Brexit’s belated labour pains

No simple solution to filling growing gaps in the workforce

Opinions on the pros and cons of Brexit have raged one way and the other from the moment the deal was sealed, but the stark reality that leaving the EU has contributed significantly to the UK’s labour shortages is undeniable.

While the coronavirus pandemic and lockdowns have also had a major impact, the fact remains that since Brexit most Europeans have gone back to their home countries and not returned to these shores – even when offered the opportunity.

Figures show that the sectors which depended most upon the freedom of movement of EU workers have suffered most. In the tourism and hospitality sectors, hotels, bars and restaurants have struggled to find staff, while agriculture and horticulture have probably suffered to an even greater extent.

Before Brexit, EU workers, mainly from eastern Europe, comprised almost all the seasonal fruit picking and vegetable harvesting workforce. Since Brexit, farmers have reported, and television and news photographs have confirmed, that many harvests have simply not been picked, with fruit and flowers left to rot in the fields.

In the pork industry, a backlog of animals growing too fat due to a lack of lorry drivers and abattoir workers meant than many pigs had to be culled. And UK shoppers saw for themselves evidence of the HGV driver shortage when confronted with empty shelves as supermarkets struggled to get stock delivered.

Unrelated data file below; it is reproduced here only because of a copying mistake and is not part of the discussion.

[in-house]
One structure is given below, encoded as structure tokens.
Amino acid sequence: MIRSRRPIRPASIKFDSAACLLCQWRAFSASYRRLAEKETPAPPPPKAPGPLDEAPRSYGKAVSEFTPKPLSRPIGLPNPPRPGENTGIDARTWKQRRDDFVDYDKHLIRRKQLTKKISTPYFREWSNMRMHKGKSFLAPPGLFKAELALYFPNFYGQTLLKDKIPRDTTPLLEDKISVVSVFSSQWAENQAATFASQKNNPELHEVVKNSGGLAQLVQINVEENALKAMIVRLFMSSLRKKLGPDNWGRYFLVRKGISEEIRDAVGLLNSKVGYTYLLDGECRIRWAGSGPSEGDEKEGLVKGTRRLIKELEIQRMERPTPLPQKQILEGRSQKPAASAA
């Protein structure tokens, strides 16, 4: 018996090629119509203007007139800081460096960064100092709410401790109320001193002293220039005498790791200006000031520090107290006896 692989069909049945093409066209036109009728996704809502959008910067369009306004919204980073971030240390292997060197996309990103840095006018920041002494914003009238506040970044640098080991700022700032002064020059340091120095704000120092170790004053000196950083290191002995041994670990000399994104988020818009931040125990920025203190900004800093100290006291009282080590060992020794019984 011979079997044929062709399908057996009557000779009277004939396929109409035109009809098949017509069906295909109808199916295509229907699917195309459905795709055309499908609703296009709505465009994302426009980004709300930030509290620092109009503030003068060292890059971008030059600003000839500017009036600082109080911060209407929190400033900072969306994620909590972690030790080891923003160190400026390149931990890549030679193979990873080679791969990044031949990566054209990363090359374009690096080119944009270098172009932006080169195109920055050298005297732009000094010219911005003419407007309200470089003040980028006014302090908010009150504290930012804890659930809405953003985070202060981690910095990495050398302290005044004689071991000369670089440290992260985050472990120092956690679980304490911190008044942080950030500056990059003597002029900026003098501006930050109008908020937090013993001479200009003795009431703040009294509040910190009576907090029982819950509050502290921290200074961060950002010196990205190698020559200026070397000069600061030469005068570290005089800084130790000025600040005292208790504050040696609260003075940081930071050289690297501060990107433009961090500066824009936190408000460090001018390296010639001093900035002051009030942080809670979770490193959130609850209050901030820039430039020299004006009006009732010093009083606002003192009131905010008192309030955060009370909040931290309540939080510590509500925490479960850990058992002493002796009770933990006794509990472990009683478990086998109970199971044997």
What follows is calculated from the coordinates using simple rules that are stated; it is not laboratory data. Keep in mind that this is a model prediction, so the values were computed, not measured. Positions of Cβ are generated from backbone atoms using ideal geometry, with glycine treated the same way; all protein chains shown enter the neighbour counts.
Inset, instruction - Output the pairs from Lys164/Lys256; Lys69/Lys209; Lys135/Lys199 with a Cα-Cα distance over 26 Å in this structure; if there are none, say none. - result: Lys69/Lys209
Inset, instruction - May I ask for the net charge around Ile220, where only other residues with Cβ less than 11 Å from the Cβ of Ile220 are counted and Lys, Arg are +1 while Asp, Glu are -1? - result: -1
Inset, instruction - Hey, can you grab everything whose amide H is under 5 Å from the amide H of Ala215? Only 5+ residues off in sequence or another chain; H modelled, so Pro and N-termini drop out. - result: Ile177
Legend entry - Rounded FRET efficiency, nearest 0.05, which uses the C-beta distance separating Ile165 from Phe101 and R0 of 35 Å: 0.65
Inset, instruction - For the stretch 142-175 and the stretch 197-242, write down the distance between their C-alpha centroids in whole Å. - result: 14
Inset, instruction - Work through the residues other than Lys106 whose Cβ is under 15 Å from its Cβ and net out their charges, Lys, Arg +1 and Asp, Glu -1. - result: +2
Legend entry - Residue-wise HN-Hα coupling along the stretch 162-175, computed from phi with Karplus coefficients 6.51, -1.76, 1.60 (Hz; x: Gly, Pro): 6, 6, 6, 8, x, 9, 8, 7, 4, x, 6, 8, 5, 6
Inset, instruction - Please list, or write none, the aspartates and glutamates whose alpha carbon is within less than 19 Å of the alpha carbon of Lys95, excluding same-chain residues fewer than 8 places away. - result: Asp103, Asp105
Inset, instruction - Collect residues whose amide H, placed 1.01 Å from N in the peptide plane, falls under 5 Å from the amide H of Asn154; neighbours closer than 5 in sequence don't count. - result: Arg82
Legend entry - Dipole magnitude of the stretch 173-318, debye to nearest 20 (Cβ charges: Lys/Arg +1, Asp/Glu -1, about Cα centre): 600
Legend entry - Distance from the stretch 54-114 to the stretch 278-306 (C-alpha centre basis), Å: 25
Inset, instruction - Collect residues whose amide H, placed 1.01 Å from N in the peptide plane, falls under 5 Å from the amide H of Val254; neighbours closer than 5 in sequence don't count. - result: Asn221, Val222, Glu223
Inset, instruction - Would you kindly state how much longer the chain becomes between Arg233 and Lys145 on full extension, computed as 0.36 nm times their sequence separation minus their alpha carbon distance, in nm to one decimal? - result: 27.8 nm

Under the UK’s new immigration rules, EU nationals no longer have preferential treatment when seeking work here. Instead, a new points-based system is designed to attract skilled workers, but with notable exceptions, it is not necessarily “skilled” workers who are most needed in the short or medium term.

In response to industry pressure, the government said in December that its “seasonal workers scheme” for farms would be extended for three years, with 30,000 visas available to foreign migrants in 2022. But the scheme will taper down from 2023, with a national campaign planned for UK residents to “pick for Britain”.

Few would argue that this sounds more like a slogan straight out of Second World War propaganda. The NFU has voiced serious reservations on its appeal to most Brits whilst at the same time accusing the government of “papering over the cracks with short-term solutions”.

Those solutions included offering 600 temporary visas to foreign butchers (less than 100 applied), and a further scheme for poultry workers, which also met with little success. Another short-term plan to tempt up to 5,000 overseas HGV drivers back onto our roads was nothing short of a disaster, with the number of initial applicants said to be as low as nine.

European industry bodies say many drivers have found good pay and working conditions back in the EU and that the UK offer was not attractive enough. As the year goes on this may also prove to be the case in other sectors. Job vacancies here stand at a record high, but it seems that offers of temporary visas have done nothing to ease a potentially permanent problem. 

 

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